" Synchromysticism:
The art of realizing meaningful coincidence in the seemingly mundane with mystical or esoteric significance."

- Jake Kotze

September 11, 2016

How Long is a Red Piece of String?

Everything is connected?
I love the Japanese legend of the red string of fate, but this version quoted below from a linked article and not that crappy soul mate version (can you tell I'm recently divorced?-) -
The legend of the red string of Japan
"According to this myth, everyone's pinky finger is tied to an invisible red string that will lead him or her to another person with whom they will make history.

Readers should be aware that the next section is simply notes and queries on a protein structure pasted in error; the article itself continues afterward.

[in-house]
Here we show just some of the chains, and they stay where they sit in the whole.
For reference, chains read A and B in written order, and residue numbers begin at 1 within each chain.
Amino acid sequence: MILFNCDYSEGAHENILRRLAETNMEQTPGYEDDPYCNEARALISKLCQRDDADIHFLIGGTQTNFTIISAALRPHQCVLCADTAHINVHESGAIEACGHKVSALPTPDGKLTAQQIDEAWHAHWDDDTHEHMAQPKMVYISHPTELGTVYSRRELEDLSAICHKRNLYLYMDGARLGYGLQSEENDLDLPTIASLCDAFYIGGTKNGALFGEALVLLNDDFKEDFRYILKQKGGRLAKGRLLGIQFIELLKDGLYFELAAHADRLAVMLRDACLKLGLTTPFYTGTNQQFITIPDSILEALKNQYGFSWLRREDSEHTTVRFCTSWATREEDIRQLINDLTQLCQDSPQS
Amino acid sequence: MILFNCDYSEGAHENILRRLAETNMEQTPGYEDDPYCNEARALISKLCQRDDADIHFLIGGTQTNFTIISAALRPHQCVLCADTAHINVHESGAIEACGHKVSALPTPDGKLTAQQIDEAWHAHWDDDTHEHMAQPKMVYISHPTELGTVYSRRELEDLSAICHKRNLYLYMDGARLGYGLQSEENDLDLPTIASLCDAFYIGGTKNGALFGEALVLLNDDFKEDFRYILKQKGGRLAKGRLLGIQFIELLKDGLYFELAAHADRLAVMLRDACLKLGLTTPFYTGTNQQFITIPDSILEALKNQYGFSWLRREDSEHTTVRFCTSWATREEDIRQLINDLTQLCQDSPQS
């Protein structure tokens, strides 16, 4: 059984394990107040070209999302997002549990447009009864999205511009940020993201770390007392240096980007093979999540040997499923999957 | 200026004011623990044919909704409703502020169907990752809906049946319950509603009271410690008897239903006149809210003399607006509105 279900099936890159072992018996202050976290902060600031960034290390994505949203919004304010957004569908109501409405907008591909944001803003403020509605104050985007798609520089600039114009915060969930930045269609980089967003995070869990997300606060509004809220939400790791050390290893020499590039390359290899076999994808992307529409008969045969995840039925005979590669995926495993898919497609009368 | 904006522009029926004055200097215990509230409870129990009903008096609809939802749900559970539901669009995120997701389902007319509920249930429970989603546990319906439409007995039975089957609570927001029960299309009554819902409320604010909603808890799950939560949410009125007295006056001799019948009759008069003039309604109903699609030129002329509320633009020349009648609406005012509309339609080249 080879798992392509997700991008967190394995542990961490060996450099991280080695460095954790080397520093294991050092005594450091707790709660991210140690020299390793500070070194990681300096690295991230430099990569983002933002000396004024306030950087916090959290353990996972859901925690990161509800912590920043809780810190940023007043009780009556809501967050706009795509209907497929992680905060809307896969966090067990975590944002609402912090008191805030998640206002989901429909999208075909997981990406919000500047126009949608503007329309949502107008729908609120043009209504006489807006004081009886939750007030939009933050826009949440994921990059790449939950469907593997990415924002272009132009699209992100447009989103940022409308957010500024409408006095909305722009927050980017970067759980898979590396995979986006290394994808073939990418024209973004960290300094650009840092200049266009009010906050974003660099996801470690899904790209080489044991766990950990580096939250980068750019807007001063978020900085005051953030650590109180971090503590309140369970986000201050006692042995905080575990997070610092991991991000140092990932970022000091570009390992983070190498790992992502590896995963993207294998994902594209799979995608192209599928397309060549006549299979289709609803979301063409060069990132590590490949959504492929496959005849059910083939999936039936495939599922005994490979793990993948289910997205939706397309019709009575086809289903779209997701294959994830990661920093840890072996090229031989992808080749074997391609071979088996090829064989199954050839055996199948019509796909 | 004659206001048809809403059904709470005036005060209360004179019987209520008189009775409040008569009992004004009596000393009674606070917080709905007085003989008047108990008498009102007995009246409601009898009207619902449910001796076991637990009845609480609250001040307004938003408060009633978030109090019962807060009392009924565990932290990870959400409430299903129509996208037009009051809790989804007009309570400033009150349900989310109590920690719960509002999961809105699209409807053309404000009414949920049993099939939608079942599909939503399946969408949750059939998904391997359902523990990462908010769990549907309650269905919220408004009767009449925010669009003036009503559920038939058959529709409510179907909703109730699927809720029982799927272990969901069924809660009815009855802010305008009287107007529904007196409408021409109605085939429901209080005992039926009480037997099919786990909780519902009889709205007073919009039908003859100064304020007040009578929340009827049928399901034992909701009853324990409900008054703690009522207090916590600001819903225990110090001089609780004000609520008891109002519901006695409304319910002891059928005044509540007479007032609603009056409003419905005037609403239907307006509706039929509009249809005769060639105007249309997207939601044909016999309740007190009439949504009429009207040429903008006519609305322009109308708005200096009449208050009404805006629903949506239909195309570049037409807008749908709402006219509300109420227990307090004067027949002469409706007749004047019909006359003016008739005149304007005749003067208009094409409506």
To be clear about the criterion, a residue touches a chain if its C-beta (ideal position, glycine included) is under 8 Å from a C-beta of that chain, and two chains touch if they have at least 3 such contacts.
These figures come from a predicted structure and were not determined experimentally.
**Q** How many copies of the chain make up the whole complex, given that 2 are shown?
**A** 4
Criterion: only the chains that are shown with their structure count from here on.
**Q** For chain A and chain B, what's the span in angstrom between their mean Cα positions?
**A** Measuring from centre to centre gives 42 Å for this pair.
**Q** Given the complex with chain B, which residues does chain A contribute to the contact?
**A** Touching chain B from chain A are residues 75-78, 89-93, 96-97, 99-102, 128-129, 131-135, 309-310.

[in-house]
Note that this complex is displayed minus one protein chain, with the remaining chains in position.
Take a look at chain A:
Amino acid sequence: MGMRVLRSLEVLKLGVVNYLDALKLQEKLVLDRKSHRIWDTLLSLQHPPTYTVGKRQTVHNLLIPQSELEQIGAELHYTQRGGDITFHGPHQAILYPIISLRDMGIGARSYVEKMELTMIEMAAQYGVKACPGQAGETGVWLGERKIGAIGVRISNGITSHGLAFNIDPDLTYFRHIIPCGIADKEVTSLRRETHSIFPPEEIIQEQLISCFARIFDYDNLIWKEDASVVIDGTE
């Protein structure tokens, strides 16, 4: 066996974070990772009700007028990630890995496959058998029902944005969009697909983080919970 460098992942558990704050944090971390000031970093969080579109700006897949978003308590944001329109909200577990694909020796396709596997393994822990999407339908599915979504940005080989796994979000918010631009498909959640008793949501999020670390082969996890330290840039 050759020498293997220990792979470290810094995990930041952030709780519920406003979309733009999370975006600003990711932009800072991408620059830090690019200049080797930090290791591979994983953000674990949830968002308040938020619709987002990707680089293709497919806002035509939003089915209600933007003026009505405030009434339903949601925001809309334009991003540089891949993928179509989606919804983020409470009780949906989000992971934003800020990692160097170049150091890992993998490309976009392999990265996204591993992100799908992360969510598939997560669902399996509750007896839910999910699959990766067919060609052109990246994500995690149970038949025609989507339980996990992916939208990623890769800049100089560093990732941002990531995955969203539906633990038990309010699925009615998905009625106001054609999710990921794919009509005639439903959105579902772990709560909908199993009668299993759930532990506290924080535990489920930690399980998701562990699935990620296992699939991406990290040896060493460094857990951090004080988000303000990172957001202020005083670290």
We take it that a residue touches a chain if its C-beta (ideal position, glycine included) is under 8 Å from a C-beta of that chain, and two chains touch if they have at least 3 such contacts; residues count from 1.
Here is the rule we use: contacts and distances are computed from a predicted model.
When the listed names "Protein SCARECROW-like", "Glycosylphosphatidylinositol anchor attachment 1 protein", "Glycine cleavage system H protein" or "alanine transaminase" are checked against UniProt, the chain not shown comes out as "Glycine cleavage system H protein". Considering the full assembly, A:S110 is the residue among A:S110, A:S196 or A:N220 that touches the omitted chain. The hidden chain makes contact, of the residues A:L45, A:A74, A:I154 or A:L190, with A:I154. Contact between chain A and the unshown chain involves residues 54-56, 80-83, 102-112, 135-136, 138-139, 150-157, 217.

For the Japanese, who know so much and intuit more, human relations are predestined by a red string that the gods tie to the pinky fingers of those who find each other in life. 

Legend has it that the two people connected by this thread will have an important story, regardless of the time, place or circumstances. 
The red string might get tangled, contracted or stretched, as surely often happens, but it can never break.
This legend, so much more aesthetic than that of the twin souls, occurs when it is discovered that the ulnar artery connects the heart with the pinky finger (which is the same reason why in many cultures promises are made by two people crossing their pinkies)

The thin vein running from heart to hand extends through the invisible world, to end its course in someone else’s heart. 
But unlike other amorous superstitions, the Japanese one isn’t limited to couples, or a single person who one is destined to find.